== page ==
Castle of Alcoutim
|Castle of Alcoutim (Castelo de Alcoutim)|
|Fortress of Alcoutim|
An image of the Castle of Alcoutim, overlooking the Guadiana River
|Official name: Fortaleza de Alcoutim|
|Name origin: Alcoutim|
|- elevation||24 m (79 ft)|
|Length||78.74 m (258 ft), Northwest-Southeast|
|Width||66.05 m (217 ft), Southwest-Northeast|
|Easiest access||Cerro do Castelo Velho; Right margin of the Ribeira de São Marcos tributary of the Guadiana River|
|Management||Instituto Gestão do Patrimonio Arquitectónico e Arqueológico|
|Operator||Câmara Municipal de Alcoutim (transferred on 26 September 1941)|
|Status||Property of Public Interest
Imóvel de Interesse Público
|Listing||Decree 45/93; DR280, 30 November 1993|
|Wikimedia Commons: Castelo de Alcoutim|
The Castle of Alcoutim (Portuguese: Castelo de Alcoutim) is a medieval castle in the civil parish of Alcoutim, in the municipality of the same name, in the southeastern Algarve of Portugal. Built in the 13th century, the castle stands in a dominant position on a hill south of the parish seat of Alcoutim on the right bank of the San Marcos River (tributary of the Guadiana River), opposite the territory of Sanlúcar de Guadiana (in Spain).
The Phoenicians came to this region at the end of the 10th century B.C.E., establishing a trading post under the protection of the Lusitanian castro. The Greeks, in the middle of the 8th century, also founded a colony that quickly dissolved into the Lusitanian population, along with the Celts and Carthaginians.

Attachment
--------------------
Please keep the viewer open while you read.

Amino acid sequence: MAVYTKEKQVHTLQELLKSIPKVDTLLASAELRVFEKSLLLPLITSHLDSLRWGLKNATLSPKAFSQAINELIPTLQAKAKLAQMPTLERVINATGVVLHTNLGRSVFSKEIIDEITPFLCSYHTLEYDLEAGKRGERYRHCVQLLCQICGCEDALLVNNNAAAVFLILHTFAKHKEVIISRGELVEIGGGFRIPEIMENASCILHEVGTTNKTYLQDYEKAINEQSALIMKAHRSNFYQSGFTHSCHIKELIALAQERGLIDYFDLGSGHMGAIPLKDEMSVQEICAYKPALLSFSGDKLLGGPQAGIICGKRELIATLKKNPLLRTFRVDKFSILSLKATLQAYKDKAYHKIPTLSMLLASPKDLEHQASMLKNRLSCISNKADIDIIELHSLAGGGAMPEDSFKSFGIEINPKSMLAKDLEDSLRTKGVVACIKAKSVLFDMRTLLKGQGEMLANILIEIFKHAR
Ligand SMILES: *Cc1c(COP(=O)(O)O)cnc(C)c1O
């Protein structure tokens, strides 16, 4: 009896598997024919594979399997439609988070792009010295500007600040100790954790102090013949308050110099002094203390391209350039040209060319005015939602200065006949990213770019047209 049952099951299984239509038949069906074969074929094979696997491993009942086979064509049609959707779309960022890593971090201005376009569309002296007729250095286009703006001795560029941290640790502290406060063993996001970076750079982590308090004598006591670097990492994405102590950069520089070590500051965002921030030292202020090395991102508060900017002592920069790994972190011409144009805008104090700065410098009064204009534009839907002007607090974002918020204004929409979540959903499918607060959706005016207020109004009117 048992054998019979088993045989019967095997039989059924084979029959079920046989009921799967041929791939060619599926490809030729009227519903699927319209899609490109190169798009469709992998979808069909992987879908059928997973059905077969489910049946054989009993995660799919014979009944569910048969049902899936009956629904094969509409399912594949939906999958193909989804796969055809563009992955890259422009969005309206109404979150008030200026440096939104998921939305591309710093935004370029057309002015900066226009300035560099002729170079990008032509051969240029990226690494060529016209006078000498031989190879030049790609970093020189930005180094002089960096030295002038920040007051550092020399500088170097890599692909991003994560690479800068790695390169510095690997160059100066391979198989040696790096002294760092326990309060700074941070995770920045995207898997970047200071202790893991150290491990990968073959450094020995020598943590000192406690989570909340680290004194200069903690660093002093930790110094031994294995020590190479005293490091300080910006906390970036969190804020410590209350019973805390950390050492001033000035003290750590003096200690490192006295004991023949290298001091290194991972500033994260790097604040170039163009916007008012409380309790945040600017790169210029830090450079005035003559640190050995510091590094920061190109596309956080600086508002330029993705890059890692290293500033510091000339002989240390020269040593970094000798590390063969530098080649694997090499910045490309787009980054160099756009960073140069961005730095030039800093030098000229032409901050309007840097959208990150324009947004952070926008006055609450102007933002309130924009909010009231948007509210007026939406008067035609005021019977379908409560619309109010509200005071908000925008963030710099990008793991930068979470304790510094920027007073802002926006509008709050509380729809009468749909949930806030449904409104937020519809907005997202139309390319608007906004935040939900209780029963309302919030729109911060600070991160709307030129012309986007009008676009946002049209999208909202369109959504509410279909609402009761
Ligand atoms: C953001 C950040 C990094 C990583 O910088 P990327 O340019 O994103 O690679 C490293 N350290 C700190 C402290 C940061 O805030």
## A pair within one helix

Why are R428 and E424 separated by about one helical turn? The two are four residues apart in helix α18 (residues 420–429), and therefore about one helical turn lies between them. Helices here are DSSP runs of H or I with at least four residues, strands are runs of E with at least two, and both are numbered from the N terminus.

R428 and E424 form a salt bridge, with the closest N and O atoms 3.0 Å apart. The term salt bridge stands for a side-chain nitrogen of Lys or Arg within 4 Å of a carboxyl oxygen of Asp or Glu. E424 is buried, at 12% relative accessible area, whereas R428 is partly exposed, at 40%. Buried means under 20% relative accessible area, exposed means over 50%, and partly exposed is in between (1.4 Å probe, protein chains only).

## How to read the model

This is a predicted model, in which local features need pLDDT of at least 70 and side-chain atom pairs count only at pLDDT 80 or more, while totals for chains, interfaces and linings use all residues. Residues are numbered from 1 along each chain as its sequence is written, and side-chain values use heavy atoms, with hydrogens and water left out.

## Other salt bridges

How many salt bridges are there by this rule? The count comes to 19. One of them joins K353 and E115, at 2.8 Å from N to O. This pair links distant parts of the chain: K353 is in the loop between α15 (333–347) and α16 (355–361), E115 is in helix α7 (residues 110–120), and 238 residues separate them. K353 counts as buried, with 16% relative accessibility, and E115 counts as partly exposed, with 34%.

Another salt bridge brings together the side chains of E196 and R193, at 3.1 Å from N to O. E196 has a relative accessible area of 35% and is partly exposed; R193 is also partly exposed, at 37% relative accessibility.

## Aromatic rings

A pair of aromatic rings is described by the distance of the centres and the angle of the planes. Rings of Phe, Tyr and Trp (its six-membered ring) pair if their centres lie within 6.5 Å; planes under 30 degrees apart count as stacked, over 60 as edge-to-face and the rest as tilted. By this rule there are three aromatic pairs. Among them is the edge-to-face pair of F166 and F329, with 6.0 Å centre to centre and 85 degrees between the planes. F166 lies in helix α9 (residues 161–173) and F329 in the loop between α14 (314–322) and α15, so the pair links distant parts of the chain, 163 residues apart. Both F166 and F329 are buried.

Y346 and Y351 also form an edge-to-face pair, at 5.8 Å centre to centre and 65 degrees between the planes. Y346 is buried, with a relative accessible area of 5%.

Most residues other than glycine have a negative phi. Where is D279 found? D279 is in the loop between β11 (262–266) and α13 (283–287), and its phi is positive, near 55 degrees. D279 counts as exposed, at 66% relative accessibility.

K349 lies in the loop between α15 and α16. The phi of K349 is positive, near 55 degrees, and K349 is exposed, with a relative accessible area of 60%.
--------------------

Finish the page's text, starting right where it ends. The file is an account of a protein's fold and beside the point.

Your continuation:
At the beginning of the 2nd century A.D., the Romans conquered Alcoutim at a time when the settlement was a rich centre, dominated by its busy port. The fortress at its centre was transformed into a military base for the occupying forces and political centre, which became known as Alcoutinium. Taken by the Alans in 415, the main square of Alcoutinium slowly fell into ruin, owing to the decrease in mineral exports. The Moors arrived in 715, changing the name to Alcatâ, yet could not restore the historical political and economic importance to the region.
It was only during the period of the Reconquista that the Castle began to gain a specific form. Integrated into the Portuguese Crown after 1240, the monarchs took various steps to increase settlement and establish an authority within the region. They did this by reconstructing and reformulating the defences during the second half of the 13th century. In 1240, Alcoutim was taken by the forces loyal to King Sancho II of Portugal, who ordered the reconstruction of the castle and wall to defend the population. At the same time, Sancho elevated the settlement to the status of town. King Denis of Portugal restored the castle and walls during his reign, at the same time (1304) conceding a foral (charter) to the settlement, transferring its title to the Order of São Tiago. Unfortunately, little remains of the primitive medieval castle. In fact, there are no monographs that depict the transition between the Moorish settlement and early Portuguese settlements What did remain were the two ogive gates, which hinted as to its Gothic military structure.
It was in this fortress that King Ferdinand of Portugal and Henry II of Castile signed a peace treaty; the defensive construction on the Guadiana River would continue to be an important buttress to Spanish authority in the region. King John II of Portugal and, later, King Manuel of Portugal would continue to repair and maintain the fortress. During the reign of Manuel of Portugal the Castle was constructed and elements of its Gothic architecture were replaced by rational fortifications and proto-modernist characteristics. In the book "Livrod das Fortelezas"Duarte d'Armas (around 1509) described the fortress as a rectangular plan that included no towers and accessible from one of the façades. Its walls were uniformly divided in two, and the exterior, there existed a few buildings supporting the structure.